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Computer Basics

10 - What You See: Intro

If you've gone through the previous lessons, you know a lot about
computers.
But are you ready to be a Computer User now?

What do you really need to know to operate and manage a computer?

[If you are taking this course at a school, what your teacher will talk
about here is the specifics of how to use the classroom's computers. You need to know the
special characteristics of the hardware, the network, and the software. You need to know how
to get to the software used in the hands-on part of the course and how to print and save your
work. ]

Each of you reading this has a different hardware setup and different software. There is no way
for me to give you instructions specific to what you have. So this lesson will have to stick to
common characteristics and general principles. Actually, this may be even better since over
time you will no doubt have to deal with different systems. You'll need to know more than just
what works for one particular setup. Plus, most systems are updated rather frequently. So, all
in all, you may learn more about the actual operating of computer systems in this lesson than
some students do in a live class! Congratulations.

We'll start looking now at the practical matters:

What You See - How the computer's parts all hook together.
Hands On! - Working with files and networks
On Your Own - Buying and managing your own computer

Along the way you'll get some pointers, both of the "Tips and Tricks" variety and the "Watch
Out!" type.

Indicates a user tip, something that may be useful to know.

Indicates a warning about potential hazards.

10 - What You See: On the Front

When you look at the front of your computer, you will probably see something a little different
from the diagram to the left. There are a huge number of variations on the market. However,
certain features are either standard or at least very common. Check out the marked parts by
clicking on them.

To see the lesson menu, click on "Lesson Menu" in the logo above.
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10 - What You See: On the Back

External devices connect to the computer on the back. The diagram on the left shows the most
common connections. The arrangement of these is quite varied from machine to machine. The
name-brand computers often have unique designs with special connectors for the peripherals
that are sold with the computer. There is a standard color scheme for ports and connectors, but
not all manufacturers used it.

Connectors come in two types: male and female. The male has pins while the female has holes.

Male Female

Back of Computer

10 - What You See: On the Inside

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While you may not often tinker with the insides of your computer, it is a good idea to know a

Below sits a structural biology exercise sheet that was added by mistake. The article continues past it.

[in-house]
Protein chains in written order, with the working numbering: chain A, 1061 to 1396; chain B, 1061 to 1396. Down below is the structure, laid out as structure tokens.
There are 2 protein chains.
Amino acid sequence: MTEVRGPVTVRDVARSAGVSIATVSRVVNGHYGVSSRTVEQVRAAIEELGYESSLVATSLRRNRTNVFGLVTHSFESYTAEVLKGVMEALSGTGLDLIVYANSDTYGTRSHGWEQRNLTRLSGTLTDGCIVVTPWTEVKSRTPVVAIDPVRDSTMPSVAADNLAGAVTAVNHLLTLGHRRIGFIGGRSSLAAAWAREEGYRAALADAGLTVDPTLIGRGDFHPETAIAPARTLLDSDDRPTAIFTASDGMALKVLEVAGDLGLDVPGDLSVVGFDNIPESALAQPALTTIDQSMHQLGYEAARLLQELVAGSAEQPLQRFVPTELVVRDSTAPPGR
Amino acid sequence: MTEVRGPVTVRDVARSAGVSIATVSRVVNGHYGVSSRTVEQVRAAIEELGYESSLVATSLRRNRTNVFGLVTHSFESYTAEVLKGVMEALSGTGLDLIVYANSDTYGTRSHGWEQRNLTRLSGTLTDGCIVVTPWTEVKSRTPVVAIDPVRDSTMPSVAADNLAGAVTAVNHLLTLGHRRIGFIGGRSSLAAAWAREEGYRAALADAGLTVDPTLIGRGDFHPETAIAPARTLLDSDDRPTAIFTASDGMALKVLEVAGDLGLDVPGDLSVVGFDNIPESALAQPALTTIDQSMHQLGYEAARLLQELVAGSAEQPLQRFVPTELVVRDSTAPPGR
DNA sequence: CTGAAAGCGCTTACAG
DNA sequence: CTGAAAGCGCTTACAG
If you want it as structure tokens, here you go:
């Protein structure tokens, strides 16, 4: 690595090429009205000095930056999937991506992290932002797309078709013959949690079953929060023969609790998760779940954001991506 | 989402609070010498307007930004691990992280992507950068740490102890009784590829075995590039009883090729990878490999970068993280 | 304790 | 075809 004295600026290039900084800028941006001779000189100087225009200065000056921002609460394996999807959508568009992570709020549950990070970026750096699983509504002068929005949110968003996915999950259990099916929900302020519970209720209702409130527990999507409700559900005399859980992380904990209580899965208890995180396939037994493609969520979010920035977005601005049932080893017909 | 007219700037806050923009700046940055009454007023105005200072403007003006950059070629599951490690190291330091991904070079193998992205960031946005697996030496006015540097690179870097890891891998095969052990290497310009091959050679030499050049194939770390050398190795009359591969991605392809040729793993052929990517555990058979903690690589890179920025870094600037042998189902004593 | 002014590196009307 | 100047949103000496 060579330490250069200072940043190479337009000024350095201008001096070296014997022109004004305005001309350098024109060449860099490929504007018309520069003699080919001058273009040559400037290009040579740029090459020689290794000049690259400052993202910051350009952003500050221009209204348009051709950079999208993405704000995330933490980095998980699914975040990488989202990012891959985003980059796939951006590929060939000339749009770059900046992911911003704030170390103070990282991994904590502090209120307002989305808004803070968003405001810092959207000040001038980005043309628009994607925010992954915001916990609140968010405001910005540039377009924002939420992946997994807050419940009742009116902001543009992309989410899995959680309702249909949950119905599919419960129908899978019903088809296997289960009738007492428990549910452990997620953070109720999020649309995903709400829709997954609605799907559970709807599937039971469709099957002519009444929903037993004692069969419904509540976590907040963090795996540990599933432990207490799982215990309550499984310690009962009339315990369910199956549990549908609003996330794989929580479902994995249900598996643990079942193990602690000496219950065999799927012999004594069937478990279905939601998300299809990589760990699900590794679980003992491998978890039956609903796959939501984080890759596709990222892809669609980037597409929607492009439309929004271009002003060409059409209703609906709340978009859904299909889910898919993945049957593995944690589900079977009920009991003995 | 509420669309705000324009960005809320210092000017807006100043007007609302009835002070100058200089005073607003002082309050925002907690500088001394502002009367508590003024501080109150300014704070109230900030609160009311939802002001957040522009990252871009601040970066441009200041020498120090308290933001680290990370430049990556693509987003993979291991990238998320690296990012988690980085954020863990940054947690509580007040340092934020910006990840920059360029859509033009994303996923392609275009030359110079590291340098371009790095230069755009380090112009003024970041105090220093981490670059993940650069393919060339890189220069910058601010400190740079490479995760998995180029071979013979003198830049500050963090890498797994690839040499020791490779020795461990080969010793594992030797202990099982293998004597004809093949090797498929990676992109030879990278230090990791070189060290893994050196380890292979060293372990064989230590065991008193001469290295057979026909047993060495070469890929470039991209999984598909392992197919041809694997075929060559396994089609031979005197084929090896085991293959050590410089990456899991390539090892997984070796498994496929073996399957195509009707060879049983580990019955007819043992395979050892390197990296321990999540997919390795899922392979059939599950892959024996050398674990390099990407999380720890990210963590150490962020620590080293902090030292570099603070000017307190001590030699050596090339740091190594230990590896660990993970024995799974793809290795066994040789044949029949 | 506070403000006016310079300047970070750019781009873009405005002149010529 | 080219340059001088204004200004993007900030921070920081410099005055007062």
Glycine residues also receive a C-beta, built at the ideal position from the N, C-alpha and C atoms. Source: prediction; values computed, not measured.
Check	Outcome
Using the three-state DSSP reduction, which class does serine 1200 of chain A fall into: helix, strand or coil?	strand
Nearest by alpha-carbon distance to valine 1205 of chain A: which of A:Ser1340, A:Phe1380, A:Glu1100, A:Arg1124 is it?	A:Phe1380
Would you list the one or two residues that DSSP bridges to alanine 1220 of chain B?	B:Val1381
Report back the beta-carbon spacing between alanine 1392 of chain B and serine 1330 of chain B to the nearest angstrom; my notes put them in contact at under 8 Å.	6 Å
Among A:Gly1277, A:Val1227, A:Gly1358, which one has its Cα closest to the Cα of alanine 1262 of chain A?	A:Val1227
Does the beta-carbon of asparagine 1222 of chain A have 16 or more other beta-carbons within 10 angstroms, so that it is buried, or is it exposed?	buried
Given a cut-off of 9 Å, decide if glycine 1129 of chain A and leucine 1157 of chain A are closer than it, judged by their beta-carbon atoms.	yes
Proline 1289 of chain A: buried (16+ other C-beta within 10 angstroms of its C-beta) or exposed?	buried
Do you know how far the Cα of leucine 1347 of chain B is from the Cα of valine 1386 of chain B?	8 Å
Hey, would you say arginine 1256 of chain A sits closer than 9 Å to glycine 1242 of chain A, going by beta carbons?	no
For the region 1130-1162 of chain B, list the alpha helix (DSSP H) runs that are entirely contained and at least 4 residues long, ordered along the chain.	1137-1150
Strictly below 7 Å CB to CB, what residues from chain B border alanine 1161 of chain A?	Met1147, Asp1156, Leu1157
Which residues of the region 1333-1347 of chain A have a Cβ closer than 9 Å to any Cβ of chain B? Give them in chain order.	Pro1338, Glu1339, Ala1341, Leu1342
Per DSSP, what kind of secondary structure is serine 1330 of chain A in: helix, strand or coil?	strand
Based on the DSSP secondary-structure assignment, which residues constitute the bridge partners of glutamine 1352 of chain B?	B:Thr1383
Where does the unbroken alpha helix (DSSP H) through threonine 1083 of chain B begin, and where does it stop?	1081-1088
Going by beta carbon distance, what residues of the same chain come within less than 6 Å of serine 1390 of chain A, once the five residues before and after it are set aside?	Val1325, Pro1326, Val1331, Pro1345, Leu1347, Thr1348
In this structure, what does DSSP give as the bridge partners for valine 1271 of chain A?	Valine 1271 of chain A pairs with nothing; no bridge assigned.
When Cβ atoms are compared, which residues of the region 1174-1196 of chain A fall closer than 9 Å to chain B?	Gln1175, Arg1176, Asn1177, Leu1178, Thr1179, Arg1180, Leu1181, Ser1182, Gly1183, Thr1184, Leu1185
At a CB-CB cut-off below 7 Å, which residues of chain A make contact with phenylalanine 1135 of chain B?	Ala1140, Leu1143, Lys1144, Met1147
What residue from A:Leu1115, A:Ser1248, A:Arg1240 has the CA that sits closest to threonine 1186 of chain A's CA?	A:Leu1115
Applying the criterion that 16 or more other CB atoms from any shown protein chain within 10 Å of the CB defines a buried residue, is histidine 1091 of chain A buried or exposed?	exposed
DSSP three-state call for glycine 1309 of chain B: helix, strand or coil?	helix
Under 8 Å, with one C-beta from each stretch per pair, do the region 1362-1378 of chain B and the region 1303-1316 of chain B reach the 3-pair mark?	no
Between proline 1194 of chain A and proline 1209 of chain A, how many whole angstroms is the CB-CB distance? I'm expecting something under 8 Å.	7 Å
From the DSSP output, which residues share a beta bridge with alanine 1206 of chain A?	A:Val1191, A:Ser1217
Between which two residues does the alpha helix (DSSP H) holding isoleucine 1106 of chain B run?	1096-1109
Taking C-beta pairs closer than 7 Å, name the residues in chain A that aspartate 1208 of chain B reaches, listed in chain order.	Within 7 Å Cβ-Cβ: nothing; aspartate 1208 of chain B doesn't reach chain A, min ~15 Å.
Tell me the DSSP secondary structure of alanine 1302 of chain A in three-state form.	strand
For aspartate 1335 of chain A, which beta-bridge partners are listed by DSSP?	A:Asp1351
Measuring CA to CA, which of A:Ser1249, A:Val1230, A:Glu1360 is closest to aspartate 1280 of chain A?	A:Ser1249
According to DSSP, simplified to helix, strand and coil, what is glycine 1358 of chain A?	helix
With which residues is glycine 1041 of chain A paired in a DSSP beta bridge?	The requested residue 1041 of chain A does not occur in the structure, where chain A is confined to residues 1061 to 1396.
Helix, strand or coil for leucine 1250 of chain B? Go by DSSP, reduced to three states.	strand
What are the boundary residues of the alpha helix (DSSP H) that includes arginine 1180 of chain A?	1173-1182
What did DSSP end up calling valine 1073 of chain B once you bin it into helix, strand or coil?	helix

little about what it is like in there. The diagram at the left shows a basic arrangement.
(This tower case is taller than normal and has wide feet for balance.)

The first task is to remove the case so we can see what's inside.

Then you can click on the inside parts for a description, which will show up right here.

Removing the Case

To look at the inside of your computer, you must first remove the outer casing.

First unplug everything from the back. Then remove the 4 or more screws on the back that hold
the case on. There are lots of other screws visible, so be careful to get just the ones that hold the
case together.

[Some cases do not have screws. The side panels slide and then lift off. It can be hard to tell
what slides which way.]

You'll likely need a Phillips-head screwdriver for this. That's the kind with the X-shaped tip.
Put the screws where you can find them again when you're done and where you won't step or
kneel on one. They do hurt!

Once the screws are out, the case should slide off. Some cases need to be lifted up in the back a
little so you can pull a lip loose at the front edge.

Now you can look around inside.


Ground yourself by touching something metal like the power supply or metal parts of the

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case before touching ANYTHING inside the computer. Static electricity kills computer parts!!!
Some people wear a special wristband to discharge static as they work on computers.

Computer Basics
10 - What You See: Power Protection

It is obvious from the number of cables running around that there is a


lot of electricity involved in a computer system. The power in electrical
lines is not as steady as you might think. It varies as demand peaks and
wanes, as lightning strikes near power lines, as equipment is brought on
line or taken off.

This exposes the system to three kinds of damage:

Fried Parts A power spike is a huge jump that lasts for fractions of a second.
One large spike can destroy the CPU and other chips on the motherboard.